In Part 1 of this post, we removed most of the queen, , and cut the bottoms and the tops of the beds to fit the space we needed.
Part 2 involved Sam working with his dad to build the bed frames, trimmed them with beautiful dark wenge, cut and hinged the top pieces for each bed, and relocated the heater vent.
After finishing the trim and installing and hinging the tops to all 3 beds, there was just a “little” work left to be done.
Installed Gas Springs:
Our queen bed was held in the up position with some gas springs to make the area underneath more accessible. We knew we wanted these for the new beds, and I ended up ordering these from Amazon after some measuring (and guessing!) about which ones I needed. The important measurements include the open length, the closed length, and the pounds of force when open. The ‘weakest’ springs I could commonly find (24lbs) were plenty for my needs, and I just did some approximation for the length. During installation, I carefully measured my mounting points to make sure the springs would allow the beds to lower properly. I had to order the brackets (the silver things) separately, which allowed me to buy the type of bracket I wanted.
My design for the beds left rounded quarter circle space at the corner of the beds where the nightstands used to be. I wanted to cover that space with some bookshelves for the kids. The bookshelves will cover small storage spaces as well.
Cutting curved boards to cover the space can be tricky. First, I cut a scrap board that was too small for the space. Then, I used a compass to scribe a line on the scrap a constant distance from the curved edge of the wall.
I then use the same compass, set to the same distance, to scribe a line offset onto the final board. I cut on that scribed line.
The fit was still (intentionally) a bit large, and I used a pencil against the side of the Airstream to cut down the fit. Notice that hole in the aluminum? It’s a screw hole from the old nightstand. More on that in a minute.
Finishing Up the Trim:
When I removed the queen, I left the back side of the box under the bed. This allowd me to leave all the electrical wiring in place under the bed. the trouble was, the plywood was faced with white melamine, which was a bit ugly to see at the end of our now longer hallway. We solved the problem with two plywood panels taken from the no-longer used nightstands. It required two pieces, aligned with unglued wood biscuits and screwed through the back of the white faced melamine plywood. In the picture below, you can see both the white melamine, and the joint between the two re-used panels. From the front, it is very difficult to see the joint between the two.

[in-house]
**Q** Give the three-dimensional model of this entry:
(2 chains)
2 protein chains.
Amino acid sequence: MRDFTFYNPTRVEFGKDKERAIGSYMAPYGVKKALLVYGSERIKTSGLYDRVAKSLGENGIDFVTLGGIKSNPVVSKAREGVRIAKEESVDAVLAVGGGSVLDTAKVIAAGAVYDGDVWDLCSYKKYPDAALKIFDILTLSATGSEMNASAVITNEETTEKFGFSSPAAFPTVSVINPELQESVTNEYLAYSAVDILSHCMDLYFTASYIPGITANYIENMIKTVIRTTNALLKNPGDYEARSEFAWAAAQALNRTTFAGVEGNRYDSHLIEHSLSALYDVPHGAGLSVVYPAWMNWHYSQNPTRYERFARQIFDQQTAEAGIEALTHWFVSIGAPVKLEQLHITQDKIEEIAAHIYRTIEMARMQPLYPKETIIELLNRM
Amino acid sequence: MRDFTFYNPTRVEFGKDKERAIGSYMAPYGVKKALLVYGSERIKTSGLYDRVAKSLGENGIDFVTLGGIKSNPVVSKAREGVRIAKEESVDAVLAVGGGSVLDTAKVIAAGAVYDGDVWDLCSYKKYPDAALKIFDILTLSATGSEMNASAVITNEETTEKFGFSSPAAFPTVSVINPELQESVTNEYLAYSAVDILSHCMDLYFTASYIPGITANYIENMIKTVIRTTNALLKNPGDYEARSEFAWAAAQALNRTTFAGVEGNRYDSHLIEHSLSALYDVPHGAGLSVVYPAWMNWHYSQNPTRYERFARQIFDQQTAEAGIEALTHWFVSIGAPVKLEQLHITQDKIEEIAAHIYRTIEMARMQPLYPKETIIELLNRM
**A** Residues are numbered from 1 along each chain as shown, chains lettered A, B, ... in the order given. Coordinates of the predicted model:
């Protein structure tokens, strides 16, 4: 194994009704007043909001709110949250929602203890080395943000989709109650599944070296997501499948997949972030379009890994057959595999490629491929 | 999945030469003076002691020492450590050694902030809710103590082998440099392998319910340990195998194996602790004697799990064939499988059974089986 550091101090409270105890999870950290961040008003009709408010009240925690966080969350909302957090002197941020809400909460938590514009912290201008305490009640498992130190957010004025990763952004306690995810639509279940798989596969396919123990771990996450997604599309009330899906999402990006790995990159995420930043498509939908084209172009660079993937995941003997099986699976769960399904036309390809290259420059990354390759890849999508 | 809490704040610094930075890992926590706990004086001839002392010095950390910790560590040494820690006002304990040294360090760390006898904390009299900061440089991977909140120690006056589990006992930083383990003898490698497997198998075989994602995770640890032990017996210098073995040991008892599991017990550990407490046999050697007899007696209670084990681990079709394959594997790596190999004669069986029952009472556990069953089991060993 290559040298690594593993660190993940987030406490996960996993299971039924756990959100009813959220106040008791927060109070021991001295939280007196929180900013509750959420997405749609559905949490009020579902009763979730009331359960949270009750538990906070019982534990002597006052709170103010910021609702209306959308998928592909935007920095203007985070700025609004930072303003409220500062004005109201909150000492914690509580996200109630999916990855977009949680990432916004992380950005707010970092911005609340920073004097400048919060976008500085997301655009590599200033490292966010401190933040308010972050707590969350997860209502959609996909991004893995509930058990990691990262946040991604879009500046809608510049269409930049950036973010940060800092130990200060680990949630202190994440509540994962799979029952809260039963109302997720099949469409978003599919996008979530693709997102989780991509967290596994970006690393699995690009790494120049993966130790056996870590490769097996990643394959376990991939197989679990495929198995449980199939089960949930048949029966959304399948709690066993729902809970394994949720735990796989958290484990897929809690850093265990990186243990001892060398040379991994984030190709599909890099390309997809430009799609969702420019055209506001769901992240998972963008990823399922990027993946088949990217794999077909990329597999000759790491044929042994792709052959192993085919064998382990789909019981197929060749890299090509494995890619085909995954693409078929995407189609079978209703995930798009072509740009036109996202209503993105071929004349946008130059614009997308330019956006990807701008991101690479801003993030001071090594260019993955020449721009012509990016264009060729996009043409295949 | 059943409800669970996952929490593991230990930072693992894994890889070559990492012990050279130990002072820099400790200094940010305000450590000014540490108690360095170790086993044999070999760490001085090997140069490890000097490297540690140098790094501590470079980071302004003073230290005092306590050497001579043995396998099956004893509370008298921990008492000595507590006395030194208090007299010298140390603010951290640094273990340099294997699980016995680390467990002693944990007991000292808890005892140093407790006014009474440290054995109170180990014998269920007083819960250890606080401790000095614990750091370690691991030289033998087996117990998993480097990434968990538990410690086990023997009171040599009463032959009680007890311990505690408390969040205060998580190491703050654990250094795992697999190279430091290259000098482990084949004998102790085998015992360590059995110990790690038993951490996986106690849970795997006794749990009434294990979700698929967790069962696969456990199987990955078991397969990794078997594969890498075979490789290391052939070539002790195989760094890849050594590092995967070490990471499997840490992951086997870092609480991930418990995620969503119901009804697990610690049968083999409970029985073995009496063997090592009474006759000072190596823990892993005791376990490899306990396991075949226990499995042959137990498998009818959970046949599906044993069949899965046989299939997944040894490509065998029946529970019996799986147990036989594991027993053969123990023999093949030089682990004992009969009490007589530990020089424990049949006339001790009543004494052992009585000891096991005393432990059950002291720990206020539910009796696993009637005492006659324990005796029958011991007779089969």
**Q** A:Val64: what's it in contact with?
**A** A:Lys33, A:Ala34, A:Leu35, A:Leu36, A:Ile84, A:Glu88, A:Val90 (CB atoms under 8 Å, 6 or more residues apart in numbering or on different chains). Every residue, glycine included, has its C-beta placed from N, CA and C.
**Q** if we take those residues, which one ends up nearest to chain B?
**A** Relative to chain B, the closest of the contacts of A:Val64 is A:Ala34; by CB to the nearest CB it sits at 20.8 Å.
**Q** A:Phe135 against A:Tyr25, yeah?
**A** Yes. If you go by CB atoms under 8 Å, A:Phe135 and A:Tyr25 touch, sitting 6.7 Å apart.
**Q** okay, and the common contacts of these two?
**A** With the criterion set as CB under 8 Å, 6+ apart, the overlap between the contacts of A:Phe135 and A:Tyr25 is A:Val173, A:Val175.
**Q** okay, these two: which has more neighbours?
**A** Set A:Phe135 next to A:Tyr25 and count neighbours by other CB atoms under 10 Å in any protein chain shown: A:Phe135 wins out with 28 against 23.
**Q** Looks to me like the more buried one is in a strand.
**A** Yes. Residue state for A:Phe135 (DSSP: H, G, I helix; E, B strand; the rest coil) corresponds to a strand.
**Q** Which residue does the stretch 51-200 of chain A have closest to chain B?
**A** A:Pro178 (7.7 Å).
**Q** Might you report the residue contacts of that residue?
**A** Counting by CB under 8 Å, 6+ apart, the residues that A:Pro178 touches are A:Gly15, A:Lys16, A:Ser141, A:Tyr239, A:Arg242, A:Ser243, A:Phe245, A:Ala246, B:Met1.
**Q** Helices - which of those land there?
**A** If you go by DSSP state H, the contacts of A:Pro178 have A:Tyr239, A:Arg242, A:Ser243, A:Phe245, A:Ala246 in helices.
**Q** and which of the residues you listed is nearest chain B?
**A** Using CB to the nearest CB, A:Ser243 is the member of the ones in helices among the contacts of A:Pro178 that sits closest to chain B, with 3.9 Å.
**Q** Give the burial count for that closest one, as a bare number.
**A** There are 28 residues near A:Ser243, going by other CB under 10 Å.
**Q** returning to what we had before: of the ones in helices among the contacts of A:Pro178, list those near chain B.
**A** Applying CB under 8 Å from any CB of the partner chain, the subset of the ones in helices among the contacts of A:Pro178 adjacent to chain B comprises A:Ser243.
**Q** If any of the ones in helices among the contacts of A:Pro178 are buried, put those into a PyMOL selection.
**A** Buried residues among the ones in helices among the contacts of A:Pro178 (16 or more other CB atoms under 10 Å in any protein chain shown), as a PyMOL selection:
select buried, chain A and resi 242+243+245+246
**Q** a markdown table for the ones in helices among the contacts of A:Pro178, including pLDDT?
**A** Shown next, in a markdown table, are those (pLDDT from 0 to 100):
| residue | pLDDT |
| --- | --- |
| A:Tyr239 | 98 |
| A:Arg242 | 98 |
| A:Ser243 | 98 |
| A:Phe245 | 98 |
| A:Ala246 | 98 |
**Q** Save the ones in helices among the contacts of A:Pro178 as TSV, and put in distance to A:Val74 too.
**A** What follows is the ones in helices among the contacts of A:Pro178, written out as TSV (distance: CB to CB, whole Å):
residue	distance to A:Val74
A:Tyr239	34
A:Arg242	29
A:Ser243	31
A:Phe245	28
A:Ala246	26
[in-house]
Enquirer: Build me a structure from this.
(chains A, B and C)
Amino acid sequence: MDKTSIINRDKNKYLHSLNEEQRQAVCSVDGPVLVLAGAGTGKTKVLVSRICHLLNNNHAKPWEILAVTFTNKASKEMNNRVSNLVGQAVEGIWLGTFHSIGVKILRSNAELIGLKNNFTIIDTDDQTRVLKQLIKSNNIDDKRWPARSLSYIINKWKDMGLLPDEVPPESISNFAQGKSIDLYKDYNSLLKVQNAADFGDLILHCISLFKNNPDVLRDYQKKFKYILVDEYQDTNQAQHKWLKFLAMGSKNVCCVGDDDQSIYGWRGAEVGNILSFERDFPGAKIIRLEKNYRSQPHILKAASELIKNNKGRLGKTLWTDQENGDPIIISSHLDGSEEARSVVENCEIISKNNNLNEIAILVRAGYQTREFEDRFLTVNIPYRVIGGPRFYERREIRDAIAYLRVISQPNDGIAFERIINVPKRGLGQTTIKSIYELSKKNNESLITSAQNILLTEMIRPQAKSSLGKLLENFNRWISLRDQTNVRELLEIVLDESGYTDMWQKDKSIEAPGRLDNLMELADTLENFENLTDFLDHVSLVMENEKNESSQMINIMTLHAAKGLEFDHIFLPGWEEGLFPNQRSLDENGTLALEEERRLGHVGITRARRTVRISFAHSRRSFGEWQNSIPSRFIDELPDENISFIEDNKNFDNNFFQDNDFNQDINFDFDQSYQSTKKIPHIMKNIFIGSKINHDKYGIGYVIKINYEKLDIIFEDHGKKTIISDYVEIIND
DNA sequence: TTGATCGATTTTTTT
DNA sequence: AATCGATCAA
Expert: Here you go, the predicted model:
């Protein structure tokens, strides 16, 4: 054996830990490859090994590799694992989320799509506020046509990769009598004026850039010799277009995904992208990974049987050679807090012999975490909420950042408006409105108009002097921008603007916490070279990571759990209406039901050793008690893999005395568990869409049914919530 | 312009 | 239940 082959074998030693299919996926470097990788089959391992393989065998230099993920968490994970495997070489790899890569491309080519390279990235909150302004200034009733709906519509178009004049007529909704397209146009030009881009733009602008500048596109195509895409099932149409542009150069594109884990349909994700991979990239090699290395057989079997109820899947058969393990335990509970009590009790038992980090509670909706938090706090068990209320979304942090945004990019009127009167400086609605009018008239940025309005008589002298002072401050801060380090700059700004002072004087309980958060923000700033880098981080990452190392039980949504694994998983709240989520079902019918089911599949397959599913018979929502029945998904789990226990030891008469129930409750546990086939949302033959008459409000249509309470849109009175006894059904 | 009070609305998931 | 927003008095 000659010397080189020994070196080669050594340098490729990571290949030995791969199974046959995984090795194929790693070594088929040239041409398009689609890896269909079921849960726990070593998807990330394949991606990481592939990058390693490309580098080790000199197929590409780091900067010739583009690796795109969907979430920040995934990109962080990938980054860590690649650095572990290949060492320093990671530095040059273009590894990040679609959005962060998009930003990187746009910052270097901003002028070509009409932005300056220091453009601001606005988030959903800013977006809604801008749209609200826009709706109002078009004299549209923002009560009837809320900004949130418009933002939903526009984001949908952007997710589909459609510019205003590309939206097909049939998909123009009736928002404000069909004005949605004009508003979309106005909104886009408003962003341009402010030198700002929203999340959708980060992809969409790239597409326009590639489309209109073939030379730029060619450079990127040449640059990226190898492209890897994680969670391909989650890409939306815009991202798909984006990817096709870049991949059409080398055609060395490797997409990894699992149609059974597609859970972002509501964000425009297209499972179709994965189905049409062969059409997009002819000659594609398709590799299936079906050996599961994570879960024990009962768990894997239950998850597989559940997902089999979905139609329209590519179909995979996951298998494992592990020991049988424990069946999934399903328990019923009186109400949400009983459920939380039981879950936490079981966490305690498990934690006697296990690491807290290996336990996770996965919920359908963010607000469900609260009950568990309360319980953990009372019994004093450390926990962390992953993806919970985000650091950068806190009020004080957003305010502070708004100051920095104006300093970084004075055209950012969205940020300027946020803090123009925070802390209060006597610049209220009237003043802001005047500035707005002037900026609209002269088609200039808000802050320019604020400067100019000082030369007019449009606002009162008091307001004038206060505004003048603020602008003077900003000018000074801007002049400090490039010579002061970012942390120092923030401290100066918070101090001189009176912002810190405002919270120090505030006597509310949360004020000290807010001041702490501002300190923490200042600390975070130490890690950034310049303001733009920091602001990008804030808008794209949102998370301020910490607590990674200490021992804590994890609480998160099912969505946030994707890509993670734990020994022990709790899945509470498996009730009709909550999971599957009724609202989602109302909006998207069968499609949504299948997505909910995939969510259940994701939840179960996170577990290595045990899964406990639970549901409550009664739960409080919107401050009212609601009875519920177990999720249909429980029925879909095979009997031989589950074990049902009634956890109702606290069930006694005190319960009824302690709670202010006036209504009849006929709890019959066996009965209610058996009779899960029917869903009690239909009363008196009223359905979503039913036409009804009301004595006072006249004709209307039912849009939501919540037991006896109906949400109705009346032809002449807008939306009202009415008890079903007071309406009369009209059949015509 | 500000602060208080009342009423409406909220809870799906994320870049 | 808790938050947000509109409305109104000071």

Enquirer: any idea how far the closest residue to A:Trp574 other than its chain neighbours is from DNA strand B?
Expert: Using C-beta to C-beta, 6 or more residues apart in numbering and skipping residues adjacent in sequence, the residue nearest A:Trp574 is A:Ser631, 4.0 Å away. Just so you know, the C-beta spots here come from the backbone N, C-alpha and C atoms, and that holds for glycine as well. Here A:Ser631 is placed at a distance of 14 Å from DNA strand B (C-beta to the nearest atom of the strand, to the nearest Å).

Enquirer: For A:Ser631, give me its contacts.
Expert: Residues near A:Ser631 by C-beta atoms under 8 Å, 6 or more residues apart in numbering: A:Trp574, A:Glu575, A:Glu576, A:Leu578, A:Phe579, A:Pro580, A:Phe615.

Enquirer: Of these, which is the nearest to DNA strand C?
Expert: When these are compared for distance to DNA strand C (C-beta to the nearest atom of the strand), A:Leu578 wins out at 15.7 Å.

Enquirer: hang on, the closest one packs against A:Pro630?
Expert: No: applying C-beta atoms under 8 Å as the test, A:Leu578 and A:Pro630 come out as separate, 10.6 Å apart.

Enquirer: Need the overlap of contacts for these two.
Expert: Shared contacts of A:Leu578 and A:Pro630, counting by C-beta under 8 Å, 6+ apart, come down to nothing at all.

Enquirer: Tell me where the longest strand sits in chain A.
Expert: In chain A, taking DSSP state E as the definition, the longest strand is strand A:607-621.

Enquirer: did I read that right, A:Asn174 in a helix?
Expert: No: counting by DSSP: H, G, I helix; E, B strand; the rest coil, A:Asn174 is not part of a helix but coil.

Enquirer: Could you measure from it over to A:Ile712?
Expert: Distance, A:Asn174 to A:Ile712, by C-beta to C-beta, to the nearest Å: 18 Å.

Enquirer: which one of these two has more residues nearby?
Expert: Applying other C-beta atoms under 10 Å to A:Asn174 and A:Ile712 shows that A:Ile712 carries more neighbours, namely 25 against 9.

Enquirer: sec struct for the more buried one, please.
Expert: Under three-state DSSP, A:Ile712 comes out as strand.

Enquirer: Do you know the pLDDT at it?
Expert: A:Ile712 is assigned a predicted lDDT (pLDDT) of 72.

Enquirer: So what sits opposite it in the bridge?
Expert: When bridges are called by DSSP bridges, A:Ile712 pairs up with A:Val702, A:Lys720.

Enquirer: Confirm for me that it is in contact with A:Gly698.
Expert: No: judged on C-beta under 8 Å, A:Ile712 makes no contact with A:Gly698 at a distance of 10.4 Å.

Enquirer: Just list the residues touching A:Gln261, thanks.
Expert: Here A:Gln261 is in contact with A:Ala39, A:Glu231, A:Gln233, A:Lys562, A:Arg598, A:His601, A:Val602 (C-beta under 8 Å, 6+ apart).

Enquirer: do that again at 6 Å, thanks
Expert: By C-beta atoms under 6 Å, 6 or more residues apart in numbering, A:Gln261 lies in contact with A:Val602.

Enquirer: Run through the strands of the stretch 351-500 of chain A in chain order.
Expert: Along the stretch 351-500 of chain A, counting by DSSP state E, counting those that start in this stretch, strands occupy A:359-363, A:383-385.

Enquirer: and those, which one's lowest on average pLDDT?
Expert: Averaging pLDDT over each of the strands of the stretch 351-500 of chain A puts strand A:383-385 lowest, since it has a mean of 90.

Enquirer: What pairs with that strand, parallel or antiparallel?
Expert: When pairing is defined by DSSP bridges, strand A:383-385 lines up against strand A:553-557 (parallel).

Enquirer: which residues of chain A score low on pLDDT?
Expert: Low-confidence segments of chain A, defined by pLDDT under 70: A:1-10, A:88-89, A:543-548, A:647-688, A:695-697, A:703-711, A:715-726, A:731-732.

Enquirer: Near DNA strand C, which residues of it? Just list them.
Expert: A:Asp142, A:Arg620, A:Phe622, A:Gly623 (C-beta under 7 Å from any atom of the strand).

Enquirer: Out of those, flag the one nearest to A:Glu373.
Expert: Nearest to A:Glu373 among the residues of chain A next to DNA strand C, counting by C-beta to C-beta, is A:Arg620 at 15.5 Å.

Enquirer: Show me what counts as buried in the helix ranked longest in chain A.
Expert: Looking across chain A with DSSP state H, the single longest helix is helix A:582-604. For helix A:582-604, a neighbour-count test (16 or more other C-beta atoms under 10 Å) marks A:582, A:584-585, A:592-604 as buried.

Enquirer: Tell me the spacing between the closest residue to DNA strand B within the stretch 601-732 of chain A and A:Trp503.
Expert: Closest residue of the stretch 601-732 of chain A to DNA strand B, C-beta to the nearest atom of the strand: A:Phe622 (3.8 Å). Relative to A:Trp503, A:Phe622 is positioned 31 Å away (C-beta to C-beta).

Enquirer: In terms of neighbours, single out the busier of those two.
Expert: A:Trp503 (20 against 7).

To save some weight, I used a jigsaw to remove the now-unneeded weight of the original plywood panels.
The finishing touch of the whole process is the Wenge trim we used on the bottom edges and vertical supports of the bed frames. Below on the left, you can see the trim against the re-used plywood. If you look VERY close, you can see that we made a mistake on the notch cut for the trim, and cut a special piece to fit in it’s place. We hid the edge of the patch with some wax-based nail hole filler, and it’s nearly impossible to see, even when I point it out. The bottom and front trim of these beds puts a finishing touch on the projct well worth the price of the Wenge hardwood we purchased and milled for the purpose.
Fixing Rivet Holes:
Remember those rivit holes from the old nightstands? I thought about many options to fix those holes, and finally realized there was a very simple solution. I purchased some pop rivits and a rivit gun, and simply placed a rivit in the hole. On the interior of the Airstream, there are commonly rivits in places you wouldn’t expect as part of it’s hand-made construction, and it’s the perfect camoflauge. It’s worth noting that not all rivet guns are made equal. The one picture below has a swiveling head, making it much easier to place rivets on inside curves.
We wanted to to make all the beds as close to “normal” as possible to prevent needing custom sheets, so we ended up with a gap between the edge of Cara’s bed and the front of the Airstream. We figured hers would be the most used as a daybed, so we called up a local custom upholstery company to come out, measure, and create a cushion for the end. Shown below is the gap we needed to fill, with the custom bookshelves on both sides.